Here we will look at how to use numpy to create the x values and y values more easily.
Creating the x values
We want to create a set of 100 x values, equally spaced over the range 0 to 12. We can do this using Python lists by scaling the loop variable.
However, numpy has a function
linspace that is designed to do this job. It has two advantages:
- it is more readable
- it covers the exact range 0 to 12, with the intermediate values equally spaced
If you recall, our previous code went from 0 to almost 12, which wasn’t really much of a problem, but it wasn’t quite correct.
Here is how we use
linspace to create our range:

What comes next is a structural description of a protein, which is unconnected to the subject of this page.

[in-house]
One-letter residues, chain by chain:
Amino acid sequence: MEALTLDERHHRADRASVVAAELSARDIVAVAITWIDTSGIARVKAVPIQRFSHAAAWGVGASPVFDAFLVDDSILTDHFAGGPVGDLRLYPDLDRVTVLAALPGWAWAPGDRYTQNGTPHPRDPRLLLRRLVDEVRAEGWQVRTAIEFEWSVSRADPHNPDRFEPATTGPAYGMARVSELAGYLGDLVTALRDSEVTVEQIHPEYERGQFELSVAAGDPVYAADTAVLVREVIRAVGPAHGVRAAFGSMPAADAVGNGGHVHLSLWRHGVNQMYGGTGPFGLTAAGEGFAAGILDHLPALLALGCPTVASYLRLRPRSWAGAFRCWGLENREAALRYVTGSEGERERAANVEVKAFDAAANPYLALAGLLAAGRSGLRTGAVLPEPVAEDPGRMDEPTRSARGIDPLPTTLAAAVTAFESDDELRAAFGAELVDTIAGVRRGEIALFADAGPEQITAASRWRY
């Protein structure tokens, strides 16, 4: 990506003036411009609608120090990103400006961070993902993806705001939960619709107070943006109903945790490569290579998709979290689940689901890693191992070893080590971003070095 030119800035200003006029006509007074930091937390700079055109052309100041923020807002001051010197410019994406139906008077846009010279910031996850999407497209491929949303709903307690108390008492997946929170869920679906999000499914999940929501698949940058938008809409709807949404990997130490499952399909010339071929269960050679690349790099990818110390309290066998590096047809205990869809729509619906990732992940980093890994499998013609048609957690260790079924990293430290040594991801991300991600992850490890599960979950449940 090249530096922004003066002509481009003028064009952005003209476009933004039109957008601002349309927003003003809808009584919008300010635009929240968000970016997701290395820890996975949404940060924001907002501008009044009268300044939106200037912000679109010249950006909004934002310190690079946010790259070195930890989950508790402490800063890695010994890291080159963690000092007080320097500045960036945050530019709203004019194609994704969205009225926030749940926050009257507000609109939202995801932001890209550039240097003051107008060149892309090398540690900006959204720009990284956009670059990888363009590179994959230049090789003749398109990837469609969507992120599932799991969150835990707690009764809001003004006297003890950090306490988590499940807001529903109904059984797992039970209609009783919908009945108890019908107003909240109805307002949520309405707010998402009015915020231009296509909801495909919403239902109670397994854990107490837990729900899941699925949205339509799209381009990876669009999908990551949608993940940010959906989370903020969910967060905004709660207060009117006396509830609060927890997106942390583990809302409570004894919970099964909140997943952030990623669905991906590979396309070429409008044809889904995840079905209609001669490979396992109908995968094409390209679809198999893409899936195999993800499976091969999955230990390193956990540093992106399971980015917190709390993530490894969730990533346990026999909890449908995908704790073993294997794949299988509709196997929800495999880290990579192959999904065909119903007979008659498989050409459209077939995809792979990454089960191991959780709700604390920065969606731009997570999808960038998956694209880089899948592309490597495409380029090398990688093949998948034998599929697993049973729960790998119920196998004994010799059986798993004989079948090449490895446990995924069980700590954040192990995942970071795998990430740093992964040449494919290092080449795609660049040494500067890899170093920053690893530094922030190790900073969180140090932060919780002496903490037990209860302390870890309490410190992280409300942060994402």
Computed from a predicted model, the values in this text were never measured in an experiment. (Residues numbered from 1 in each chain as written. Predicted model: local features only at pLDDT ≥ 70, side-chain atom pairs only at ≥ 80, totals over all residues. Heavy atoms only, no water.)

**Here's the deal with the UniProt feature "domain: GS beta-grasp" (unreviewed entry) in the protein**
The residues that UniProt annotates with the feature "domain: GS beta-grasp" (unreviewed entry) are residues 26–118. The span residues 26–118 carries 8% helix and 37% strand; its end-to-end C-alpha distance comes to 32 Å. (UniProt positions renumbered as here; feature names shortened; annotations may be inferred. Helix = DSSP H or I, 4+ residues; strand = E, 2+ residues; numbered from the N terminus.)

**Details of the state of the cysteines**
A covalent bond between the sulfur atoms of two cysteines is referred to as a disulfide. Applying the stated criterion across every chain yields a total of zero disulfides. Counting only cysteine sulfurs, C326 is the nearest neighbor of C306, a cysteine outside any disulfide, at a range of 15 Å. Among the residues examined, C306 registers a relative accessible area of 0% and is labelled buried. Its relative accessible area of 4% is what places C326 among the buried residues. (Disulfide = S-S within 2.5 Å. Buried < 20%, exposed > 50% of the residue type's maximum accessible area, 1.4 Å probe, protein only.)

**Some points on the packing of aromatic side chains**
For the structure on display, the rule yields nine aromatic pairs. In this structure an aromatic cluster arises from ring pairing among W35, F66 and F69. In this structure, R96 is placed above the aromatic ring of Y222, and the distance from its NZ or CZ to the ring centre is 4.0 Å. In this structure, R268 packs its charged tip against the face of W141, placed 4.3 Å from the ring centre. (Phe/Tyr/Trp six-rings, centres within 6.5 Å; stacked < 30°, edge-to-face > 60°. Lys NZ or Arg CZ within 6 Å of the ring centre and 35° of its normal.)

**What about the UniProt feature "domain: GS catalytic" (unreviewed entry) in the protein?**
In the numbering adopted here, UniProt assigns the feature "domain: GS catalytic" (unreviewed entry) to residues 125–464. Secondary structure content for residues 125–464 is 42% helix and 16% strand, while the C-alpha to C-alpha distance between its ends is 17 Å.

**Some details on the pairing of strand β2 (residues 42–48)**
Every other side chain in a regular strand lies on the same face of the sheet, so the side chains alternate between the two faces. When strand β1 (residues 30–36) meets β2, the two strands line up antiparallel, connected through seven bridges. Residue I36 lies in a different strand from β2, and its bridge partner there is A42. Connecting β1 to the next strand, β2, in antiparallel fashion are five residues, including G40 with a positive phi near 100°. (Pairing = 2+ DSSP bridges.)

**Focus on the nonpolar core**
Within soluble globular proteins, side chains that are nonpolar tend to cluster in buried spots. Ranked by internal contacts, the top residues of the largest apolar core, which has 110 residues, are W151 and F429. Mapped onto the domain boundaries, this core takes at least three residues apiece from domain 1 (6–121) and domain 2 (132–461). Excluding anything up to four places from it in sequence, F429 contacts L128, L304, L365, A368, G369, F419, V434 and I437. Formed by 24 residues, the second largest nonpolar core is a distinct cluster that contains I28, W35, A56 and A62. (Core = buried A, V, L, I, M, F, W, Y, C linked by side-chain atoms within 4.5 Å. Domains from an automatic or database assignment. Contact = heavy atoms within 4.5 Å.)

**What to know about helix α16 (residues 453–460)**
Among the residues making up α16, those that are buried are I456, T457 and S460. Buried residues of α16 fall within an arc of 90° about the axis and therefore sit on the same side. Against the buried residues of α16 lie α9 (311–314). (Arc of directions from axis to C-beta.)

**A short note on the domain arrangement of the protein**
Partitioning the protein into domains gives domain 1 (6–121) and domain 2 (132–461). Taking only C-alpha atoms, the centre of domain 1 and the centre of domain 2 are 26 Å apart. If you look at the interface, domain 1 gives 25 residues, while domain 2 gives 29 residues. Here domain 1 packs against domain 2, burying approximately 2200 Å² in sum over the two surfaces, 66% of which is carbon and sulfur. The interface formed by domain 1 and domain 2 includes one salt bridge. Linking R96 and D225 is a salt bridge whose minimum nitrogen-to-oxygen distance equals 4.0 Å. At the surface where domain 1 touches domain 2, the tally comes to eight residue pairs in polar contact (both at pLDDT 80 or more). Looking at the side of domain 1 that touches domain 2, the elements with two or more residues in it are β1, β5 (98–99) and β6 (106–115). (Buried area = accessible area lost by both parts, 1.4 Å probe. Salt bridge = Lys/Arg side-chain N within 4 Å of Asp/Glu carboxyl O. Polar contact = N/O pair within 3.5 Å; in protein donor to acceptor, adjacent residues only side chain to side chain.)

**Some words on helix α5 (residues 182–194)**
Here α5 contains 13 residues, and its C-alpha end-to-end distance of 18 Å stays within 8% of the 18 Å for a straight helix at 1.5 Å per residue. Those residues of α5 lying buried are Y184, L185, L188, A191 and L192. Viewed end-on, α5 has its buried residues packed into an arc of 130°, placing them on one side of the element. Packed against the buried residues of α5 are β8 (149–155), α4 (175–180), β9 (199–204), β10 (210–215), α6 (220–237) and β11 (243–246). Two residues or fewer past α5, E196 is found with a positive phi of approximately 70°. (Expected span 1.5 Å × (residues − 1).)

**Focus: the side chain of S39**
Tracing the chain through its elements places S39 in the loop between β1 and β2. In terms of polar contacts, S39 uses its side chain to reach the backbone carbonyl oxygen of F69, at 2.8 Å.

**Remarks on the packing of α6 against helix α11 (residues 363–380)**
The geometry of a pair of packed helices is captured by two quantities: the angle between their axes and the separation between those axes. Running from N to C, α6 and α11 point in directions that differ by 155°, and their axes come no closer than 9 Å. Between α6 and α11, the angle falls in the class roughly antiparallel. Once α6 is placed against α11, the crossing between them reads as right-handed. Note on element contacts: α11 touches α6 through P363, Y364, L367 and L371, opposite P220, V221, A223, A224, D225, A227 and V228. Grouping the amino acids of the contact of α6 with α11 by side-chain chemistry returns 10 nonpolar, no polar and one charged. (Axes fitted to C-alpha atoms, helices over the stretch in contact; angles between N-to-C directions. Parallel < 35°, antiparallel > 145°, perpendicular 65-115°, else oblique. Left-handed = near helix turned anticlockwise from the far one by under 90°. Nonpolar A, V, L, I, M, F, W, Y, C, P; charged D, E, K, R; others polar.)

xa = np.linspace(0, 12, 100)
Creating the y values
numpy supports univeral functions. These allow you to operate on entire arrays in one go:
ya = np.sin(xa)*np.exp(-xa/4)
This performs the same calculation on each of the 100 elements of
xa, creating a new 100 element array
ya containing the results. This avoids a loop, which makes the code more readable, but also more efficient.
Here is the complete code:
from matplotlib import pyplot as plt import numpy as np xa = np.linspace(0, 12, 100) ya = np.sin(xa)*np.exp(-xa/4) plt.plot(xa, ya) plt.show()
This code is shorter and more readable, as well as being more efficient. This becomes more important with large data sets, and especially 2 dimensional data.
Here is the output, which look exactly the same as before: